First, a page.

Speaking in a new interview, May insisted that Mercury, who died of bronchial pneumonia resulting from AIDS in 1991, would still be a part of the Queen family had he not passed away.
“He would still be saying ‘Oh I need to do my solo stuff’, but he would be coming back to the family to do what we do,” May told Simon Mayo on Greatest Hits Radio, before adding: “The funny thing is I feel more and more that he is kind of with us in a way, maybe I’m getting to be an old romantic, but Freddie is in my day every day.”
He continued: “He’s always in my thoughts and I can always feel what he’d say in a certain situation, oh what would Freddie think, ah he’d like this, he’d laugh at this or whatever. He’s so much part of the legacy we created, that will always be the case.”
May then admitted he will never get over losing Mercury, but that takes solace in the fact that his former bandmate had “a great life”.
“You never finish grieving if you lose a family member, and Freddie was a family member, but you get to the point where you’re at peace and you think, my God the guy had a great life,” May said. “We created wonderful stuff together that is still making people happy, and there’s an acceptance there and a joy that it all happened. How amazing that it all happened.”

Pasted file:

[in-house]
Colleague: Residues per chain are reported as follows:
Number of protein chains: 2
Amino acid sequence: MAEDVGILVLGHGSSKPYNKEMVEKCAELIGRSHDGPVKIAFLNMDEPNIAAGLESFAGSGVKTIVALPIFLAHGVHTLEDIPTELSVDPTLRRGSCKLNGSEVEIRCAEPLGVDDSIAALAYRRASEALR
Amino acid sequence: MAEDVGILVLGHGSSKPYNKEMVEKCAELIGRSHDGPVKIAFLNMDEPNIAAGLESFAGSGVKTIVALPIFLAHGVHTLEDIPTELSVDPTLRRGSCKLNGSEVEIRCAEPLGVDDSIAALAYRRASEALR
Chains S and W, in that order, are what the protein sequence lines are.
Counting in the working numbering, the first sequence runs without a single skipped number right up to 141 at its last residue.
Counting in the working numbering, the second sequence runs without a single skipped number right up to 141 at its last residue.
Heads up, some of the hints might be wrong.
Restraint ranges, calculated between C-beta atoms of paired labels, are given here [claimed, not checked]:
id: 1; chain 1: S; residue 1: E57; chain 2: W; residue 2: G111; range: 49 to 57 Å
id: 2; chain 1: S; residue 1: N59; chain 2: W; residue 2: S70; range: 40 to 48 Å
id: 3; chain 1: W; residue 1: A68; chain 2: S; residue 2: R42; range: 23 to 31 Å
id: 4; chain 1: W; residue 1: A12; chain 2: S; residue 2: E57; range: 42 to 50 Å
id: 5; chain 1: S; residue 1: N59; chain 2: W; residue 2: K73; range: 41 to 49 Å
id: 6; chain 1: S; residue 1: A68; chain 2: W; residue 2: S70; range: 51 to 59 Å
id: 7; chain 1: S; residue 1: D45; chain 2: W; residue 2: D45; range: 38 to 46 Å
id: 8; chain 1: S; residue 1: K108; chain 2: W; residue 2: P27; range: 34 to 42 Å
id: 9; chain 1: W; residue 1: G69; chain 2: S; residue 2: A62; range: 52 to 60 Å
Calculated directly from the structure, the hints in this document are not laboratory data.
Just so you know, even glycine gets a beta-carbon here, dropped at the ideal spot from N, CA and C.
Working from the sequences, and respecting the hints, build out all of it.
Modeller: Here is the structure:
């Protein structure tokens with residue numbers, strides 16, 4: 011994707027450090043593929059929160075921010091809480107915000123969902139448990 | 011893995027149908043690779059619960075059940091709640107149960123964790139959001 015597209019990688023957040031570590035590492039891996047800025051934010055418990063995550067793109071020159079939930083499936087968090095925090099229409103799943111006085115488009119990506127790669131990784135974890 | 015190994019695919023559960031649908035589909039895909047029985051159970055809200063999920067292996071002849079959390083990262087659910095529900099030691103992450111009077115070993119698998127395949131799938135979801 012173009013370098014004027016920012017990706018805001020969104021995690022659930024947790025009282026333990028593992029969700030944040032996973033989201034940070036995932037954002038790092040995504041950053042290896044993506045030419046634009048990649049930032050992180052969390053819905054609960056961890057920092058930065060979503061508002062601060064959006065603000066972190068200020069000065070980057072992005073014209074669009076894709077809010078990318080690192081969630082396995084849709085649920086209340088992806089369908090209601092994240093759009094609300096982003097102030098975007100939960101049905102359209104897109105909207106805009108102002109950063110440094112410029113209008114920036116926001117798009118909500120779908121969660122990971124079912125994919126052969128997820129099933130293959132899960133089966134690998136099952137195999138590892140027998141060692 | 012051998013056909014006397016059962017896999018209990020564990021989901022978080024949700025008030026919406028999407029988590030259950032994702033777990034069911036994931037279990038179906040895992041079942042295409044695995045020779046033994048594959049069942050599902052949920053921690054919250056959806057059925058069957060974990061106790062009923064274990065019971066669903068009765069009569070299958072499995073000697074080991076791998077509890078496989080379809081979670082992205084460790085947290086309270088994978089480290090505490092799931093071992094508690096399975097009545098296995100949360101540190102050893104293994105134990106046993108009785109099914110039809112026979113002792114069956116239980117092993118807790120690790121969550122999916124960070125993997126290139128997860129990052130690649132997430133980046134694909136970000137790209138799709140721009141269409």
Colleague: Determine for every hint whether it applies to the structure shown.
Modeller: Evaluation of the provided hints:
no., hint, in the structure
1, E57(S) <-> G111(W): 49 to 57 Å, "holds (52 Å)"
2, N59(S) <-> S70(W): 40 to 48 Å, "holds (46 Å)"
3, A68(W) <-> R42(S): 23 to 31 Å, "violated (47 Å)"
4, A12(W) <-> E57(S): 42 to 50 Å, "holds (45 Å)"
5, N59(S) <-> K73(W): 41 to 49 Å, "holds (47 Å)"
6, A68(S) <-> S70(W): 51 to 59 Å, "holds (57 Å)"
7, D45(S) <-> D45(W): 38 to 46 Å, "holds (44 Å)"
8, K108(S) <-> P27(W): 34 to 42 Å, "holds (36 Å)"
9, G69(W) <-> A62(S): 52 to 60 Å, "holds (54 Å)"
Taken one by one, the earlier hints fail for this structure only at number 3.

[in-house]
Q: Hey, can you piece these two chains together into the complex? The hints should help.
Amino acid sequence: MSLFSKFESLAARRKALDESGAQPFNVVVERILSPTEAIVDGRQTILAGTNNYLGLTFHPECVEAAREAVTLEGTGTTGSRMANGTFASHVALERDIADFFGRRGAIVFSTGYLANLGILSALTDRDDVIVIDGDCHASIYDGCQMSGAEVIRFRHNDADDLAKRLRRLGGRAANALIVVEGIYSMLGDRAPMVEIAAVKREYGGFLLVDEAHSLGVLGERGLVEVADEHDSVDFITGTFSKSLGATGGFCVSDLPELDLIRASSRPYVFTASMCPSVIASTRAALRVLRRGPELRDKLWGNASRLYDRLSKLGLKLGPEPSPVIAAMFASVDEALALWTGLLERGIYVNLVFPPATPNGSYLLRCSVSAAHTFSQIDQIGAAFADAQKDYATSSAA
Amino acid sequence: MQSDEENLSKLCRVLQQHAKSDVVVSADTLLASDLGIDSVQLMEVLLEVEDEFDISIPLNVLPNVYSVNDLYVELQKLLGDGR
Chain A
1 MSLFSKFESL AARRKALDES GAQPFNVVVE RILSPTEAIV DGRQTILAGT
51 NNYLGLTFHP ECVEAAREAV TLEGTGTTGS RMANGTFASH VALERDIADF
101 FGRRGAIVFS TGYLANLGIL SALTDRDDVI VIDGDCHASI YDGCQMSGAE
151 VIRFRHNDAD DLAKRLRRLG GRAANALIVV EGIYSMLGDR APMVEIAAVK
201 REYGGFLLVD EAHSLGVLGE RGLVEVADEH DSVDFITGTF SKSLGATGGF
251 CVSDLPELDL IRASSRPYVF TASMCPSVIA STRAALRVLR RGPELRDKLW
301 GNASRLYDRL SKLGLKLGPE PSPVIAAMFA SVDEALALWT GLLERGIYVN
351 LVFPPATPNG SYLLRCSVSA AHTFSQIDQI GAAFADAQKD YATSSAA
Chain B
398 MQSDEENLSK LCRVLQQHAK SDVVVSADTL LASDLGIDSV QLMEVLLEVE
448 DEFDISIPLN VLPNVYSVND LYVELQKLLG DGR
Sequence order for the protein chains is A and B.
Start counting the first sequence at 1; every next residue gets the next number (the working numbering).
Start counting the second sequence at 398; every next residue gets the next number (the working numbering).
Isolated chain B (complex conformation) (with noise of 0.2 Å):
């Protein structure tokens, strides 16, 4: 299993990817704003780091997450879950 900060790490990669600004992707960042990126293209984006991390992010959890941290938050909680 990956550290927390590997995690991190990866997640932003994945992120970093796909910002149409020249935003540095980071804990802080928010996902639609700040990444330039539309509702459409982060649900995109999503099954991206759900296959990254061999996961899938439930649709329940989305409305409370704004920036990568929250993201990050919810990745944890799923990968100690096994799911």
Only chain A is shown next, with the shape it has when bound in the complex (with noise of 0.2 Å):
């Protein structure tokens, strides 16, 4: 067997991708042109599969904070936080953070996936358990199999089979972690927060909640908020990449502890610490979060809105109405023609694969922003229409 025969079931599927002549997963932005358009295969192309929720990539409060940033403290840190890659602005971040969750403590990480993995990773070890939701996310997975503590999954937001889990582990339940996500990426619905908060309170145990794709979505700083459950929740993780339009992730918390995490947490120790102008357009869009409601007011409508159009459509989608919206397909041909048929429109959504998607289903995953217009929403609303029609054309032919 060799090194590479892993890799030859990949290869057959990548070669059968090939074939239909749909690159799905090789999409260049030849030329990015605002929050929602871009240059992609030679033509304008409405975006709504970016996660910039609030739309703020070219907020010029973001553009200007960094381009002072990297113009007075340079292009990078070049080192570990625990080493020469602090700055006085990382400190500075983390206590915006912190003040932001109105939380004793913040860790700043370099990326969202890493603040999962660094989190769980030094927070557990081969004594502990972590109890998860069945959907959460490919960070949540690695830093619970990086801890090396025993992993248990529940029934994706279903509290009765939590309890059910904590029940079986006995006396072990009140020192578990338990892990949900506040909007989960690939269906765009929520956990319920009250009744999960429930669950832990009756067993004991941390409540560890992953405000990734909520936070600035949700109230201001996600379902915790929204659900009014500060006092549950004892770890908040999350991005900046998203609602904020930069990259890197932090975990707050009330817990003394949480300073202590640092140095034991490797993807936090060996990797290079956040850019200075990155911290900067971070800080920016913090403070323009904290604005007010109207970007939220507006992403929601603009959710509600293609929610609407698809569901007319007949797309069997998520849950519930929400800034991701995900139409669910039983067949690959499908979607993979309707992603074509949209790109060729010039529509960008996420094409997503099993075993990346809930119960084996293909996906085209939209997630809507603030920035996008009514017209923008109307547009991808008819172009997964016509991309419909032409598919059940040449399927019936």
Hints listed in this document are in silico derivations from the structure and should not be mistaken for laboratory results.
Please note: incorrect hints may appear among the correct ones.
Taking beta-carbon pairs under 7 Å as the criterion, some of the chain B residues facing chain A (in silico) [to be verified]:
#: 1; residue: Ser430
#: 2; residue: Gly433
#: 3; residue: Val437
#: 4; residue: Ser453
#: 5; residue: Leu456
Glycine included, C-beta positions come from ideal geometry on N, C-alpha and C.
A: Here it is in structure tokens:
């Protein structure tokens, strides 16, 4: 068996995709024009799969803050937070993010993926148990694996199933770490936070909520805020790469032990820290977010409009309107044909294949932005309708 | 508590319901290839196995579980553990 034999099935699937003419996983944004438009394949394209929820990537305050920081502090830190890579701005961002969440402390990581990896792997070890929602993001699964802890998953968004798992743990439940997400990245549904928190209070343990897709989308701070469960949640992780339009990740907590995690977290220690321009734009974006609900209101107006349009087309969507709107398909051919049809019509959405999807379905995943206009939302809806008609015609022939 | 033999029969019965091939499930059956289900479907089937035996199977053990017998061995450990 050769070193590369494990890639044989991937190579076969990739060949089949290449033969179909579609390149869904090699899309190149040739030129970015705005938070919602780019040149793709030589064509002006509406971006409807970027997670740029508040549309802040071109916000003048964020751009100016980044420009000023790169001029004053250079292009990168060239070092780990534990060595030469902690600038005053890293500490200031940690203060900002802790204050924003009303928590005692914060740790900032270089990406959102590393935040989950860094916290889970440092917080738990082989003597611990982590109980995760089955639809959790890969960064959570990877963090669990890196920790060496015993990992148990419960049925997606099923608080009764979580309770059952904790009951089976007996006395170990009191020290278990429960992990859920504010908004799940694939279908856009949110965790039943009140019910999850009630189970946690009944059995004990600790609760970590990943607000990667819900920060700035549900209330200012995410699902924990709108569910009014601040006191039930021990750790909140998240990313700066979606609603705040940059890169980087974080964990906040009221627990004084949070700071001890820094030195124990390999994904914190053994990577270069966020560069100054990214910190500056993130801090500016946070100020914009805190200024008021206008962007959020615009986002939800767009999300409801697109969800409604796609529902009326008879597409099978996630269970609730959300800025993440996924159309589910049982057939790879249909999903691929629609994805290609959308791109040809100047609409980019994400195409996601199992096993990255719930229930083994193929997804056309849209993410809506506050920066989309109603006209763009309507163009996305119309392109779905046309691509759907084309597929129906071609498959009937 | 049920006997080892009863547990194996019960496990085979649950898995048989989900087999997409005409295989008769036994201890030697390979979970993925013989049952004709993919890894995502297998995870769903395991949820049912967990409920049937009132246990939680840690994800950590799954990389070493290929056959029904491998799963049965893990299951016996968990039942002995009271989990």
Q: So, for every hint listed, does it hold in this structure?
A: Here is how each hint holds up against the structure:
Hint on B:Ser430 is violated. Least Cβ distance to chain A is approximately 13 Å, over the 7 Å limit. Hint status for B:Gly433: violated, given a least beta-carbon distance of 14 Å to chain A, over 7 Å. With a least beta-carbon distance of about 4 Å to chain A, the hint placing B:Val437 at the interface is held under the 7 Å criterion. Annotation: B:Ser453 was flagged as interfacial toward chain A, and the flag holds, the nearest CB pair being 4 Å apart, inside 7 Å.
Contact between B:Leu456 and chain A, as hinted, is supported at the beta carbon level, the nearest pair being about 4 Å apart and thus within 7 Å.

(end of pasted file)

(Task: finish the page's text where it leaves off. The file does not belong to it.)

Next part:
Meanwhile, Queen’s Greatest Hits is eyeing up its return to the UK Number One spot on the Official Albums Chart this week.
A special 40th anniversary edition of the compilation album is the reason for the original 1981 record’s current surge to the top, with 86 per cent of the new special edition record’s sales so far coming from physical formats.
Should the album continue to hold its current ranking from the Official Charts update, then it will mark its fifth total week at the top of the Official Albums Chart. When Greatest Hits was first released in 1981 it spent four consecutive weeks in the Number One spot across that November and December.